To compare the respective variances of two samples, you may use **Fisher’s F test**, also known as F-test of equality of variances. This test checks whether the variances of the two samples are equal, assuming that they do not deviate from

In brief, Fisher’s F test calculates the ratio between the larger variance and the smaller variance. The ratio is then compared to a critical value which depends on the degrees of freedom and on the set value for **α** (usually 0.05). If the ratio is greater than the critical value, then the null hypothesis (`H0`

, stating that the variances are equal) is rejected and you may declare that the variances are different.

The function in R that runs Fisher’s F test is `var.test(data1,data2)`

where `data1`

and `data2`

are the vectors containing data from the two samples. Let’s use an example to illustrate the use of `var.test()`

. First let’s visualize these two samples in a boxplot:

The boxplot shows samples with means rather close to each other, but with dramatically different spreads. Let’s now look at their variance, here calculated with `var()`

):

`var(data1)`

`## [1] 0.6790178`

`var(data2)`

`## [1] 17.94452`

Unsurprisingly the variances differ a lot. But we need to run Fisher’s F test to get it confirmed. Since this test requires that normal distribution of the samples, let’s run the Shapiro-Wilks normality test.

`shapiro.test(data1)`

```
##
## Shapiro-Wilk normality test
##
## data: data1
## W = 0.96234, p-value = 0.8122
```

`shapiro.test(data2)`

```
##
## Shapiro-Wilk normality test
##
## data: data2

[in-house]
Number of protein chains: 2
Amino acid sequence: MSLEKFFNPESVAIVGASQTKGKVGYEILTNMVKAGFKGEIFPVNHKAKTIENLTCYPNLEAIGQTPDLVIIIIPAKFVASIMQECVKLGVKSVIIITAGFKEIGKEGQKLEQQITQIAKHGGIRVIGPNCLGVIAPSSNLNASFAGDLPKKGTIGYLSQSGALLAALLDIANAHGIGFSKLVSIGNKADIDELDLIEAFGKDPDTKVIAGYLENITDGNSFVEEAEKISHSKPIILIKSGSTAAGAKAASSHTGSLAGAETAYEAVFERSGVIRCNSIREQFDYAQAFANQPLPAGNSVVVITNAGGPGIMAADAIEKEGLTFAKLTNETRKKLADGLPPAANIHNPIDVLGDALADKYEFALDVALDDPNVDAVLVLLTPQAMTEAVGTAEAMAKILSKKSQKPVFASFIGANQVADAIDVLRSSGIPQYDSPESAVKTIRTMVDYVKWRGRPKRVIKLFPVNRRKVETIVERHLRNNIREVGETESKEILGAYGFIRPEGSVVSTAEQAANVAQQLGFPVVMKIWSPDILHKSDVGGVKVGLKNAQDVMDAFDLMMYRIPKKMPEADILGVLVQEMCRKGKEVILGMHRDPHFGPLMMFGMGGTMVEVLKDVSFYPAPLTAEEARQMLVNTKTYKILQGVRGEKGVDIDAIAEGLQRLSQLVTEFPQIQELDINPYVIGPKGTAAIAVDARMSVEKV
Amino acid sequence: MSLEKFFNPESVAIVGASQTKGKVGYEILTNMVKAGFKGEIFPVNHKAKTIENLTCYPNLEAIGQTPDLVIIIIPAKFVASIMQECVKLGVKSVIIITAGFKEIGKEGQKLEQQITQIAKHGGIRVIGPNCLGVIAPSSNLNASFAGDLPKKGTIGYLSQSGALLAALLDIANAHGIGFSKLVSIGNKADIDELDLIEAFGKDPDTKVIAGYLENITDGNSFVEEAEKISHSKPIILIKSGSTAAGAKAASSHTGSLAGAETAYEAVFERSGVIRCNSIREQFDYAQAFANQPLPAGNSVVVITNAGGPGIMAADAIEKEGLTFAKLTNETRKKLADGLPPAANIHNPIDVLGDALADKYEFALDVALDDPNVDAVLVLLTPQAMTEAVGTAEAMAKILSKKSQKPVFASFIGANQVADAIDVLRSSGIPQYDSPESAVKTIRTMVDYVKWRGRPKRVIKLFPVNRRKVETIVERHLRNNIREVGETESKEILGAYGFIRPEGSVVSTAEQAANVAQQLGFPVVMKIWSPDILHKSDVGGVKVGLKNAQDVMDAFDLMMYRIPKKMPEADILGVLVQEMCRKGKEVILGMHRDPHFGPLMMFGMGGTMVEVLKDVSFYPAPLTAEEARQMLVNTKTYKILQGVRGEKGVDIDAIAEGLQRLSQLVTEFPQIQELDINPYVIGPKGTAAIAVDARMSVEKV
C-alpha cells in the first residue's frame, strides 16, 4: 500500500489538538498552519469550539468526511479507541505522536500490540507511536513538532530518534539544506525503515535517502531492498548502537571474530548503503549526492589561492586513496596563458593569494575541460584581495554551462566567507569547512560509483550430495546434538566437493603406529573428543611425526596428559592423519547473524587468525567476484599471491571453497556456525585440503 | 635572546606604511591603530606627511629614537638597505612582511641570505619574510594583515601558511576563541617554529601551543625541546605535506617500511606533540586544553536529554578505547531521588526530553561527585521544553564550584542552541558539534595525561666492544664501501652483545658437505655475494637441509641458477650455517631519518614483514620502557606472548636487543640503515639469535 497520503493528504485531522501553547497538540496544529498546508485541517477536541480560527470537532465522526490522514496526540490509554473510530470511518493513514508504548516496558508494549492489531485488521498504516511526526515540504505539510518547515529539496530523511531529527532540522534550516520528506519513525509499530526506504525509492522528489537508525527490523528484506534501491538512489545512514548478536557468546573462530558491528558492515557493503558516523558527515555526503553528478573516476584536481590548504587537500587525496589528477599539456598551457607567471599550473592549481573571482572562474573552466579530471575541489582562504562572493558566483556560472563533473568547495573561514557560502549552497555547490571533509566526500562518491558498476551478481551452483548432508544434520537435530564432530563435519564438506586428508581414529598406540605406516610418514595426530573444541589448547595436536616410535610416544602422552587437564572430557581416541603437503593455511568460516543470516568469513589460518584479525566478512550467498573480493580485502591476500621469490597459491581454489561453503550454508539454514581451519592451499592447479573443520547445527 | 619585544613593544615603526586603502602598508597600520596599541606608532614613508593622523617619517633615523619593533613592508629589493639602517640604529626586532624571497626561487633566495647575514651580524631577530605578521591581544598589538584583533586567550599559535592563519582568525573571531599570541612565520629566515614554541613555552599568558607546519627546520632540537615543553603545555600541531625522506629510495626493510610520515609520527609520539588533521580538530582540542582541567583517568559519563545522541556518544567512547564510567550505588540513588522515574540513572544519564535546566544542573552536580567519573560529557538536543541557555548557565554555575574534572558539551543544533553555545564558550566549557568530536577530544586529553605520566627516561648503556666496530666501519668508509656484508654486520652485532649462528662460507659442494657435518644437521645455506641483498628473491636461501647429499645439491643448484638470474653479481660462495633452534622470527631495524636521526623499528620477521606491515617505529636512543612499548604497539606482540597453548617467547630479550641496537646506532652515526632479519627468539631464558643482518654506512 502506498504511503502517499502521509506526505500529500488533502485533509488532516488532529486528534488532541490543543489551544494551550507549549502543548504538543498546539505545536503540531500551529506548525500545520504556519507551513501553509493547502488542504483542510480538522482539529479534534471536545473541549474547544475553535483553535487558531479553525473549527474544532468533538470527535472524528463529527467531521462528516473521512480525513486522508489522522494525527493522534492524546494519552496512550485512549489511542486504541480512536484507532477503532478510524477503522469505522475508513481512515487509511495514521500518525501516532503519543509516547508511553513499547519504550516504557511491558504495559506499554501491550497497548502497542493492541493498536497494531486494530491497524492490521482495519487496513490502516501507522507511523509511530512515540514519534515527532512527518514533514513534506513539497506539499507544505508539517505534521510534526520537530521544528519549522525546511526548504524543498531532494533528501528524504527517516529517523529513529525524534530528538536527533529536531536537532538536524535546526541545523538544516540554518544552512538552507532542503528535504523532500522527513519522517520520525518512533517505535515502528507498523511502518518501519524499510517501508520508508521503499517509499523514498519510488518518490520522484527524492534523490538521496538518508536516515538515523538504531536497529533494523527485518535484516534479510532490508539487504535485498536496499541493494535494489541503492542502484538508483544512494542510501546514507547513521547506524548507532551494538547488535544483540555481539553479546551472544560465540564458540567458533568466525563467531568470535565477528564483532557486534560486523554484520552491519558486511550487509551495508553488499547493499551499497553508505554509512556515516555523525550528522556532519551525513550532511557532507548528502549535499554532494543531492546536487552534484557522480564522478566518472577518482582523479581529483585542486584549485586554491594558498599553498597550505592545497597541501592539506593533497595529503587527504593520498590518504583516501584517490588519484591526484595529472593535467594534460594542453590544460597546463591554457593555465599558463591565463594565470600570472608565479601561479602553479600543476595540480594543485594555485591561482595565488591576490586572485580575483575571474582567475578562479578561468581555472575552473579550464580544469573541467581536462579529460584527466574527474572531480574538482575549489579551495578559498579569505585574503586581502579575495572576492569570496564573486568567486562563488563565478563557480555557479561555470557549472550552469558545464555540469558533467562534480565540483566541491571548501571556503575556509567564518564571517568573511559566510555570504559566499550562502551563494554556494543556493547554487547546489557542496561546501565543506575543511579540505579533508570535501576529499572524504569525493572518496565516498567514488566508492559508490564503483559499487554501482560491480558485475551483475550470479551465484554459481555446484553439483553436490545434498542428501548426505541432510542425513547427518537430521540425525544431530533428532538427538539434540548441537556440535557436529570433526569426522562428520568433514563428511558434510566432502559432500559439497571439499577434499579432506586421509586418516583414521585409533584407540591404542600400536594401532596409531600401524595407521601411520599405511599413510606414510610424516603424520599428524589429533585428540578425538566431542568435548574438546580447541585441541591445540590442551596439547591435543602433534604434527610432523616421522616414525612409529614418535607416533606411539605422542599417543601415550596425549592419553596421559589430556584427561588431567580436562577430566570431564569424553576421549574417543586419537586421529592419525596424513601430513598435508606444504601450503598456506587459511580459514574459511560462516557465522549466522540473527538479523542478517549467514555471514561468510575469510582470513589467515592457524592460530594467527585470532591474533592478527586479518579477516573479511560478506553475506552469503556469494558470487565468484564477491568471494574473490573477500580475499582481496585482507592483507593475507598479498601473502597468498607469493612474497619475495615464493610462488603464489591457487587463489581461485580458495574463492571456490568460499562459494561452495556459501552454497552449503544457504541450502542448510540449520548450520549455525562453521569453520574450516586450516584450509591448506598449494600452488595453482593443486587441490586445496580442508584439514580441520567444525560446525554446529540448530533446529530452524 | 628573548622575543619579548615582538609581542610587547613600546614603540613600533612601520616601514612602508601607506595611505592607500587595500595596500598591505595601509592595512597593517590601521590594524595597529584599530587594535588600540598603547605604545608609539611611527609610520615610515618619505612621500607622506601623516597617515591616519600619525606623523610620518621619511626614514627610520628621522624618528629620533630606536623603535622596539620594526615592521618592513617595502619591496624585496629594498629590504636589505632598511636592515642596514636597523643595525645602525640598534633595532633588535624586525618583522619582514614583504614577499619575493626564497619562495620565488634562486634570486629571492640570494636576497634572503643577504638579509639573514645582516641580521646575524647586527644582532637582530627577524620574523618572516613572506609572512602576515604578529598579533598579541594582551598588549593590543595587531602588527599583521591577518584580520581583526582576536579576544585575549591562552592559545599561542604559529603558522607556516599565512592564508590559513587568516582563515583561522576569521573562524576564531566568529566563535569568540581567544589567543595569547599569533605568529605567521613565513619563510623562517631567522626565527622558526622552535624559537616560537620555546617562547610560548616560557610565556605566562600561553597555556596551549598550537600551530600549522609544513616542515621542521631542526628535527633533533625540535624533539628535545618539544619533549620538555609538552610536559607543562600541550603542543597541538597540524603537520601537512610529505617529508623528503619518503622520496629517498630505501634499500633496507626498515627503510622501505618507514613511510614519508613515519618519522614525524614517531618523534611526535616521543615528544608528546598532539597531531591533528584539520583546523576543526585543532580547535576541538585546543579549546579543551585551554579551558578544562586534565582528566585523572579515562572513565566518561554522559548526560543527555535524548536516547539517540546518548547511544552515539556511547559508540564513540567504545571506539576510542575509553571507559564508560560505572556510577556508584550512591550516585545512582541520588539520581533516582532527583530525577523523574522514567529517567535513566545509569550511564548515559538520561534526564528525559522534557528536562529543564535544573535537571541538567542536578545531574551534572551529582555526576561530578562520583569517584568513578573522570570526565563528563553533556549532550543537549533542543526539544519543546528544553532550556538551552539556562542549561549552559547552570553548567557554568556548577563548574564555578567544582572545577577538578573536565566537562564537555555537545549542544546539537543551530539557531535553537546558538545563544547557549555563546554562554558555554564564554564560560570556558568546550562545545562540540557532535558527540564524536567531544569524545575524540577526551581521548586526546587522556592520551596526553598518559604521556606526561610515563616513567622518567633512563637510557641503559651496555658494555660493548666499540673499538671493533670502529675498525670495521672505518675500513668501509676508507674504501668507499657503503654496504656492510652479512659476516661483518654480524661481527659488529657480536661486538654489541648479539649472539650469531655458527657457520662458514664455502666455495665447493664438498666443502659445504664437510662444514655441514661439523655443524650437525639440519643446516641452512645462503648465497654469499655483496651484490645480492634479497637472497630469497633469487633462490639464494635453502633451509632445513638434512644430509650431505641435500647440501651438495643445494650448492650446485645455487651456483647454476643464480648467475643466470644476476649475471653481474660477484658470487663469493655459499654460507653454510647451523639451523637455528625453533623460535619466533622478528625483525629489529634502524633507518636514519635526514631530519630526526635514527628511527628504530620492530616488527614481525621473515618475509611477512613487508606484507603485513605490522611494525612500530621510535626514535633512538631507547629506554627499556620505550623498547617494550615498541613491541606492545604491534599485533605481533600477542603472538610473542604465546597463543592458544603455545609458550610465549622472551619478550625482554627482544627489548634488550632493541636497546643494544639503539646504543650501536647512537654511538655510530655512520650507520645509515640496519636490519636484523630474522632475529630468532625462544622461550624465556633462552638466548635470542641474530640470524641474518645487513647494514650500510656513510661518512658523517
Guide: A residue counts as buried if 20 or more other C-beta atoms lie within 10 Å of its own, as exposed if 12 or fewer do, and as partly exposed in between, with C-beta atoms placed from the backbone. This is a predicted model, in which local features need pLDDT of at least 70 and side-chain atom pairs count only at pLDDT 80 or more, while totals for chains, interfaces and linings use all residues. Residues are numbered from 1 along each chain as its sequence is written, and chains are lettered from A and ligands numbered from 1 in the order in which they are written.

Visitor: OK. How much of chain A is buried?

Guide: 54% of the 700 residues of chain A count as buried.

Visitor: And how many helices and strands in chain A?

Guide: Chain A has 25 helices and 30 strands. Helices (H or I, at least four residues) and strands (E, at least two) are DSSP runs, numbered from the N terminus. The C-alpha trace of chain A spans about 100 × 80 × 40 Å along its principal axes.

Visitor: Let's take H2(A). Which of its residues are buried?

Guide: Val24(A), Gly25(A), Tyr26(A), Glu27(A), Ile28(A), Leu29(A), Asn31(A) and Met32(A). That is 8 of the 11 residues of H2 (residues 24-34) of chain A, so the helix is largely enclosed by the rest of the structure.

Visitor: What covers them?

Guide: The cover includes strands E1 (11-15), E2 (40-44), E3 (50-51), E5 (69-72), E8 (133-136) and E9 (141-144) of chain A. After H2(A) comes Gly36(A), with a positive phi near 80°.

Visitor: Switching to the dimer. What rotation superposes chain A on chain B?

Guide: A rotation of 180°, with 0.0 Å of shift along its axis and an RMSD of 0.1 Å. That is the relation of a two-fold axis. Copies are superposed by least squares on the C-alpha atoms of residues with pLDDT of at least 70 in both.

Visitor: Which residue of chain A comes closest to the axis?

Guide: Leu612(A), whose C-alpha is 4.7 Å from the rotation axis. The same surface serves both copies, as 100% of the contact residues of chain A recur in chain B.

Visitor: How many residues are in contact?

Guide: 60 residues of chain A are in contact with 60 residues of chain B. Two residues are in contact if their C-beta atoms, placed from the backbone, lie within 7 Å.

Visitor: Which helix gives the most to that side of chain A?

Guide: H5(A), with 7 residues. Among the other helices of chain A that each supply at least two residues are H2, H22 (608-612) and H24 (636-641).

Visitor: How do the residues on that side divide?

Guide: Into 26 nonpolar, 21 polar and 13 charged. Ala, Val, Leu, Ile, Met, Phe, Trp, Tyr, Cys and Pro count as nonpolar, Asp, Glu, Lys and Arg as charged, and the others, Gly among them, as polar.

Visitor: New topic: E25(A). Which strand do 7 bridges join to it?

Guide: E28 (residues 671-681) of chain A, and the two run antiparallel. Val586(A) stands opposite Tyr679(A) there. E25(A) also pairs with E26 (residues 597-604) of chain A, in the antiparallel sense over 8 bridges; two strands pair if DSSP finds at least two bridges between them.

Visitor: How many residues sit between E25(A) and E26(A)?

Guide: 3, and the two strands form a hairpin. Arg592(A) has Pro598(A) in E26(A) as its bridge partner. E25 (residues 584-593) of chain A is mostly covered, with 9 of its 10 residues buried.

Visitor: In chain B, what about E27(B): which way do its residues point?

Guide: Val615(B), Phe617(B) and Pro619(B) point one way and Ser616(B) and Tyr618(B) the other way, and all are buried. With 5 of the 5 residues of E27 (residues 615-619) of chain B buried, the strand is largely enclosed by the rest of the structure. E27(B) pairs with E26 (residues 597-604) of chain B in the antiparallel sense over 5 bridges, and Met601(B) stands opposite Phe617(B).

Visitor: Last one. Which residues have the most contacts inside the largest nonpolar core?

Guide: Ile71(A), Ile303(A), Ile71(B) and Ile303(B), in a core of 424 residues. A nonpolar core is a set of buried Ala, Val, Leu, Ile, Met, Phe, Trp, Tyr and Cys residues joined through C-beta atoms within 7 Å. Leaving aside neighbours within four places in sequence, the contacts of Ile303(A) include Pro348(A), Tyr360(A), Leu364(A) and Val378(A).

## W = 0.92624, p-value = 0.4119
```

In both cases, the p-value is high. The likelihood for these samples to *deviate from normality* is low. Thus, we can finally proceed with Fisher’s F test:

`var.test(data1,data2)`

```
##
## F test to compare two variances
##
## data: data1 and data2
## F = 0.03784, num df = 9, denom df = 9, p-value = 4.02e-05
## alternative hypothesis: true ratio of variances is not equal to 1
## 95 percent confidence interval:
## 0.009398881 0.152342968
## sample estimates:
## ratio of variances
## 0.03783984
```

The F value (ratio of variances) is displayed, along with a p-value. Here the p-value is very low, thus the null hypothesis `H0`

(stating that the variances are equal) is rejected.

Note that you may reverse the order of the samples in the function and consequently obtain a different F value:

`var.test(data2,data1)`

```
##
## F test to compare two variances
##
## data: data2 and data1
## F = 26.427, num df = 9, denom df = 9, p-value = 4.02e-05
## alternative hypothesis: true ratio of variances is not equal to 1
## 95 percent confidence interval:
## 6.564136 106.395649
## sample estimates:
## ratio of variances
## 26.42717
```

However, the p-value remains the same, and so does the conclusion: `H0`

is rejected, the variances are significantly different.

Note: Fisher’s F test is not the only test for equal variance, but it is very commonly used. You could as well use Bartlett’s test or the Fligner-Killeen test of homogeneity of variances, but these are more often used for comparison of more than two groups (like in ANOVA). Bartlett’s test, like Fisher’s F test is rather sensitive to normality; thus, normality of distribution should be checked beforehand. However, Figner-Killeen test is non-parametric. It is thus a good alternative when normality is challenged. The corresponding functions in R are `bartlett.test()`

and `fligner.test()`

.